Do We Still Admire Gluck’s Theory of Integration?

We are fascinated by the nature of change in musical composition.  We see eras come and go; schools of thought come and go.  Clinging to any one era or style of music is about the same as clinging to any one composer.  Both are born; rise to prominence; then fade and finally die. Rather than mourn the passing of period or person, we might want to concentrate on preserving the legacy we still retain.  By retaining the best of each era or composer, we can understand the next era and the next composer of note.

When we look at Christoph von Gluck and his legacy, he didn’t leave us with a robust musical inventory. Instead he left us with a goal and vision of what opera can be and should become.  He didn’t limit his ideas to one country or one school of composition.  The composers who followed him came from many countries and believed in many, diverse forms of musical composition.  We will trace out the history of European musical composition in a number of different Sections: for opera, we cover most in this Section, How Opera Became Grand Opera; but for all genres, we examine the trends in the Sections on Cultural Influences and European Musical Training. Here in opera, we will examine the paths taken by composers, from Gluck to Giacomo Puccini.

Our most important conclusion from the study of opera comes as something of a surprise to us:  great music comes in many forms, from many composers and countries and carries with it many descriptive labels.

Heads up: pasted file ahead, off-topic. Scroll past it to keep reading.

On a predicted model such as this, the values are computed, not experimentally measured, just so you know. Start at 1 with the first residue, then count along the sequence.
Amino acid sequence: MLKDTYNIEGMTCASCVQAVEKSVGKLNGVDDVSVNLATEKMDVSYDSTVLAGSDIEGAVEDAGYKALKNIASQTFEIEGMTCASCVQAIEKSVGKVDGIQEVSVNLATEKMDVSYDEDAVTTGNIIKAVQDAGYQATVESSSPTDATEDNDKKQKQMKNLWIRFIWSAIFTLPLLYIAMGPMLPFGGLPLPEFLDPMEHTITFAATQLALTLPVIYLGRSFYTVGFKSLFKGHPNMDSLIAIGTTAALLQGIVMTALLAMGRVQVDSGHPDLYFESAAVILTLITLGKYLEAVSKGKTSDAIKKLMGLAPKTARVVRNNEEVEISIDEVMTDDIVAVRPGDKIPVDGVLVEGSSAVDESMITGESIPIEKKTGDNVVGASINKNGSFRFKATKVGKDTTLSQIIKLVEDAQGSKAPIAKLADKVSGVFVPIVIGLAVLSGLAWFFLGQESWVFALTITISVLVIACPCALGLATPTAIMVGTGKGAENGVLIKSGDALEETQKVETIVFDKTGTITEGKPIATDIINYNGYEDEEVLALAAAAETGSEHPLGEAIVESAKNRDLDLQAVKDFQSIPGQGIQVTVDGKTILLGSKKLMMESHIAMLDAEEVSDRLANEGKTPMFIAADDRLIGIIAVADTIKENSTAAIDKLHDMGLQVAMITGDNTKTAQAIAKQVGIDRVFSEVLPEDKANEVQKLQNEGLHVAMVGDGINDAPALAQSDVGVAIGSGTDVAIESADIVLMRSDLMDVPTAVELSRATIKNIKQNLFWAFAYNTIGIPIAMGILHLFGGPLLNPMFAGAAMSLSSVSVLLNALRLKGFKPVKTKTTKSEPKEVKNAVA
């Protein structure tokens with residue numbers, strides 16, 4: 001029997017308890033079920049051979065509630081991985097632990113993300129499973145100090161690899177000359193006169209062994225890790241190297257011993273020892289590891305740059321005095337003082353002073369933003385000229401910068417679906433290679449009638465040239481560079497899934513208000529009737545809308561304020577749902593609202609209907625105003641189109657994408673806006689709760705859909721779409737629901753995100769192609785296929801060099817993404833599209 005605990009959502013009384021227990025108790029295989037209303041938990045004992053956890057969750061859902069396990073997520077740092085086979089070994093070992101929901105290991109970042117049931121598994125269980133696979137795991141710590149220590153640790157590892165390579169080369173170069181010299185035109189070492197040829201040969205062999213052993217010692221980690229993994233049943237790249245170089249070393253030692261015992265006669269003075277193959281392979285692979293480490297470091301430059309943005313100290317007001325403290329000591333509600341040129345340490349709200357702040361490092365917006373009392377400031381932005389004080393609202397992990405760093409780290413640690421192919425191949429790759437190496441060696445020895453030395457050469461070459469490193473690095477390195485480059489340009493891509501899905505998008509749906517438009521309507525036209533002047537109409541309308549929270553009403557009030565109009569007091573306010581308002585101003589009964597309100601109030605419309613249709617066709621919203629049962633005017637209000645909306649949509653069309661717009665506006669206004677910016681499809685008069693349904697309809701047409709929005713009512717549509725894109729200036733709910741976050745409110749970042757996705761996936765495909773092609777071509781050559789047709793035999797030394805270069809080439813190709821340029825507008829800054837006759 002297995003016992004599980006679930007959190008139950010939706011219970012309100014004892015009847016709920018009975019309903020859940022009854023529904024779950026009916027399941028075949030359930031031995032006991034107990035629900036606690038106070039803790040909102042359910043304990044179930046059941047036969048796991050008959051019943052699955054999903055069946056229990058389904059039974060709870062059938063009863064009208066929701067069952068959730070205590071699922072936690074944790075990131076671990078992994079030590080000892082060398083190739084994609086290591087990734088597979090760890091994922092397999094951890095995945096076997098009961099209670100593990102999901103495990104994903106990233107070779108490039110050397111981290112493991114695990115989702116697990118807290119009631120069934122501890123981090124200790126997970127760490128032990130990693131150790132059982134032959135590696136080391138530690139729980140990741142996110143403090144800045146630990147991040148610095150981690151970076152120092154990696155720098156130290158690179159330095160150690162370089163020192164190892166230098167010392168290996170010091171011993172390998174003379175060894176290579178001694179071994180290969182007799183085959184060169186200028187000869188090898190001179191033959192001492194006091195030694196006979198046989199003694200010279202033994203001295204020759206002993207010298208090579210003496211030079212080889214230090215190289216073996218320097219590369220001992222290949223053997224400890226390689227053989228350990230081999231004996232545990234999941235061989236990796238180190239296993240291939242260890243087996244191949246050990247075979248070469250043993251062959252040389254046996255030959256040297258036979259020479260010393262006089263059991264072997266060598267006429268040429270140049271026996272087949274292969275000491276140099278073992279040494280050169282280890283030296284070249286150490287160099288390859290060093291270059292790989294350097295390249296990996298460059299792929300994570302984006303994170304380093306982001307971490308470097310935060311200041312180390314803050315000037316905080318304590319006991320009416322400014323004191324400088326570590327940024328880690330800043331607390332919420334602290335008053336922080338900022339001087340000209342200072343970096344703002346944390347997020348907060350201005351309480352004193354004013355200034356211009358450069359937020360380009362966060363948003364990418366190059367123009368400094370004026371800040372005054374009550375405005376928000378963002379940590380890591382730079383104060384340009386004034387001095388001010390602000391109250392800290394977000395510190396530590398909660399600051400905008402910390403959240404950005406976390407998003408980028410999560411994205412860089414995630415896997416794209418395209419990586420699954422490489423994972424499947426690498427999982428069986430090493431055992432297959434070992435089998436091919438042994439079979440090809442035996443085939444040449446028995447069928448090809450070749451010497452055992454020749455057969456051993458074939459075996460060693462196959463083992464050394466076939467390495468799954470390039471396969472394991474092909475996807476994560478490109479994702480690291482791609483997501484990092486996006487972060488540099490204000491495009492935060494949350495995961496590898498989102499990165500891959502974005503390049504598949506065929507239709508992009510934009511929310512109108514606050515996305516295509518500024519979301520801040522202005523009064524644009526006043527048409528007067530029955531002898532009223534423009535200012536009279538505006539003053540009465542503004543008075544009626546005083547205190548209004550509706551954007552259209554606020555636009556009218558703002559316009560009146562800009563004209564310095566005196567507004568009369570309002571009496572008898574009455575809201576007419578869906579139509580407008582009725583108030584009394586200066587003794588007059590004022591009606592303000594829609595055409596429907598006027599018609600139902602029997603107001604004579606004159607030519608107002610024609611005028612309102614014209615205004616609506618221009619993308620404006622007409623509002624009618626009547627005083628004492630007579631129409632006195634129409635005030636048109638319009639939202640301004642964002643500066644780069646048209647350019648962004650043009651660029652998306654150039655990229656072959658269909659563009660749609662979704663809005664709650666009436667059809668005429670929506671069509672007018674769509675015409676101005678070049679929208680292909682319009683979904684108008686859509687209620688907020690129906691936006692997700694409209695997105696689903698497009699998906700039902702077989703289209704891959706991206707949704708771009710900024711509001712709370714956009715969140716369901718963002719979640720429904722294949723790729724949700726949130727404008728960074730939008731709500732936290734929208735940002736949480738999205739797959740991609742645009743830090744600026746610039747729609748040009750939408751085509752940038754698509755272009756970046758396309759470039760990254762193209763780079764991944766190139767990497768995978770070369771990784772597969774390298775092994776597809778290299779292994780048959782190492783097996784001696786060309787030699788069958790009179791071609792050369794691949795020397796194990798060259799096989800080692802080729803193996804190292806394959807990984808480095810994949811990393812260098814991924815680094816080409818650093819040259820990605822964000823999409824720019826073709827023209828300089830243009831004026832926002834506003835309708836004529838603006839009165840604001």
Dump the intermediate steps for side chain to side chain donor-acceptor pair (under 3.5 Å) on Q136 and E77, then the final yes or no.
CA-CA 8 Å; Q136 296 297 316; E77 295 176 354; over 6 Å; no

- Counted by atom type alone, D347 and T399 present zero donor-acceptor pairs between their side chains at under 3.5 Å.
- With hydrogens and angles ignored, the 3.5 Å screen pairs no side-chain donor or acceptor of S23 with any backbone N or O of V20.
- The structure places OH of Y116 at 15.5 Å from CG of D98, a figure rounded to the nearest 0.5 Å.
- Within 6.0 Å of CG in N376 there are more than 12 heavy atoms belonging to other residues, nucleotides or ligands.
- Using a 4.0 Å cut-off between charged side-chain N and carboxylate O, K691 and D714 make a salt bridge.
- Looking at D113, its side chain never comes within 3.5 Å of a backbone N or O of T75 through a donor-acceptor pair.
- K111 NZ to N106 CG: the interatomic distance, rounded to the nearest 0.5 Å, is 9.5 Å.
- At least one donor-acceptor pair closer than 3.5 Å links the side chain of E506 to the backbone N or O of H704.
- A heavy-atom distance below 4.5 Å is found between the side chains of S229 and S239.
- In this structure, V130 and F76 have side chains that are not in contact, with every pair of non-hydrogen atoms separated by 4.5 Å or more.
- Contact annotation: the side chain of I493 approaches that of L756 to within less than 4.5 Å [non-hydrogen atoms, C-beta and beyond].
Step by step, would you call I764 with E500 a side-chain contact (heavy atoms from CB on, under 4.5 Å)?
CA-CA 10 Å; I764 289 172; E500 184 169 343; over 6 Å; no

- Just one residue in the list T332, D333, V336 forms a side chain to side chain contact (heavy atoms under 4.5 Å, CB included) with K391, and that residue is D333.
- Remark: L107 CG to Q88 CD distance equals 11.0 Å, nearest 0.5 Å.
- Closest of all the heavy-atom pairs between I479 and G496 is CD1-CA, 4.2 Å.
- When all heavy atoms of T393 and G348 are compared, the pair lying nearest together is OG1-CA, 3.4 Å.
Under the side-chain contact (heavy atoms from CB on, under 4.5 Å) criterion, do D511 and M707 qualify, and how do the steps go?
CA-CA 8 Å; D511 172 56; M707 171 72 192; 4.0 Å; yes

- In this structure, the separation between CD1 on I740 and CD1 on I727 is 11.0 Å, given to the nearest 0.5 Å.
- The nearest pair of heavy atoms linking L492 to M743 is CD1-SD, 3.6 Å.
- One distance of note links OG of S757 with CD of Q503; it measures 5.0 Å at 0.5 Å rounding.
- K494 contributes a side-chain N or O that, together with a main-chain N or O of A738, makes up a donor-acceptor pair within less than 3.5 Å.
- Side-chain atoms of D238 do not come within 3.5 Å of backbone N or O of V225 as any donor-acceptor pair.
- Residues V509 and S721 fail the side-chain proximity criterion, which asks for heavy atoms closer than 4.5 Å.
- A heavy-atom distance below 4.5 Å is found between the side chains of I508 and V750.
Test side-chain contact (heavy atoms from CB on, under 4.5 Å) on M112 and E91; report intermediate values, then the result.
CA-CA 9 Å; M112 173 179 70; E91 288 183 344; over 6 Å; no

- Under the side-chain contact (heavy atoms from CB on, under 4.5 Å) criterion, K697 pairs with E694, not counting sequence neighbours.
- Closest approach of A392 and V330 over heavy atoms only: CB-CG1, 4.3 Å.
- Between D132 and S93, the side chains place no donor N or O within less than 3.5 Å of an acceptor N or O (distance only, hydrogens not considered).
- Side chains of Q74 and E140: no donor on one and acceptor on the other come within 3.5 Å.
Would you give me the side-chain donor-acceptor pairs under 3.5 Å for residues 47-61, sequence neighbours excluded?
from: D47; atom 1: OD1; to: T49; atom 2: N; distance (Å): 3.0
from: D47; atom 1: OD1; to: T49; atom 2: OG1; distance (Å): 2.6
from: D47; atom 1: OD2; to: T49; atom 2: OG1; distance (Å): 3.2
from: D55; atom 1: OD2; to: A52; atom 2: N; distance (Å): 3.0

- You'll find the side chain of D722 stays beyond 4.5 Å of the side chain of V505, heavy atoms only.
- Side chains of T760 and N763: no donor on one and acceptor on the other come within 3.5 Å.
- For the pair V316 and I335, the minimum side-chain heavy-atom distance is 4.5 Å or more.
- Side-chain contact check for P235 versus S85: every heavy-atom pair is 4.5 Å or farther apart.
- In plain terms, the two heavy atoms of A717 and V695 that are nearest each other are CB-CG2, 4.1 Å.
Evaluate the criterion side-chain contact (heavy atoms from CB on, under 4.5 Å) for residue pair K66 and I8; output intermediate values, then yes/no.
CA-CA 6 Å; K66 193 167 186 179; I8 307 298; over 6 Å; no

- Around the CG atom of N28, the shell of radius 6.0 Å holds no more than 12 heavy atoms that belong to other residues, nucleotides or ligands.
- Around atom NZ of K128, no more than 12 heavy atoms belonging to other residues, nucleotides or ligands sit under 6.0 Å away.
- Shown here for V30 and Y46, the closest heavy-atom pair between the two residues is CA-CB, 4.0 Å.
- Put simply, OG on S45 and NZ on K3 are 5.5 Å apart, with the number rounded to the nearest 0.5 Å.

Similarly, we will examine in the Section dealing with Broadway’s history and evolution, How Broadway Became Broadway, the many composers and trends in musical theatre composition.  We clearly came from a starting point that was steeped in European form and structure, but we also took an abrupt turn in the 1920’s into a compositional form that was based on African-American forms and rhythms.  As we note the evolution from Victor Herbert to Richard Rodgers (from the 1890’s to the 1940’s and 50’s), we are both surprised by the richness of the forgotten past and the heights experienced in the golden era of musical theatre.

Great music may find its genesis in a particular time and place, but it really achieves its greatness when it is able to transcend both time and place.  Great music is both timeless and homeless.  It is universal and speaks in its own tongue to any listener, anywhere in the world.

When we use the term “grand,” perhaps we should use it to address vocal, musical forms (whether they are labeled operas, operettas or shows) that create, in the cores of our being, a profound effect.

We raise these issues now so that you can use this website as a resource for learning without feeling obligated to fit everything you read and hear into some fixed matrix.  Leave genre or form to much later in your musical education, when your body of study permits you to make informed, personal choices.  If any of us try to make choices too early in our acquisition of knowledge, we may never achieve a full understanding the subject matter.

In fact, if you are young enough, you may be best acquainted with movie soundtracks, not opera or Broadway scores.  Considering the amount of compositional output for the stage and screen since the 1970’s, we may all be wiser if we look to movie soundtracks to answer our initial question:  Do we still admire Gluck’s theory of integration; for it is in movies where we currently see the most tightly integrated art forms of word, sight and sound, all of which are intended to move us, persuade us, liberate us or depress us.

In fact, we suggest that you pick out some of your favorite movies.  Play them again, carefully listening this time to the soundtrack.  Then ask yourselves this question: Can you imagine watching great cinema without the music soundtrack?

Your answer will determine how you respond to the question posed at the outset: Do We Still Admire Gluck’s Theory of Integration.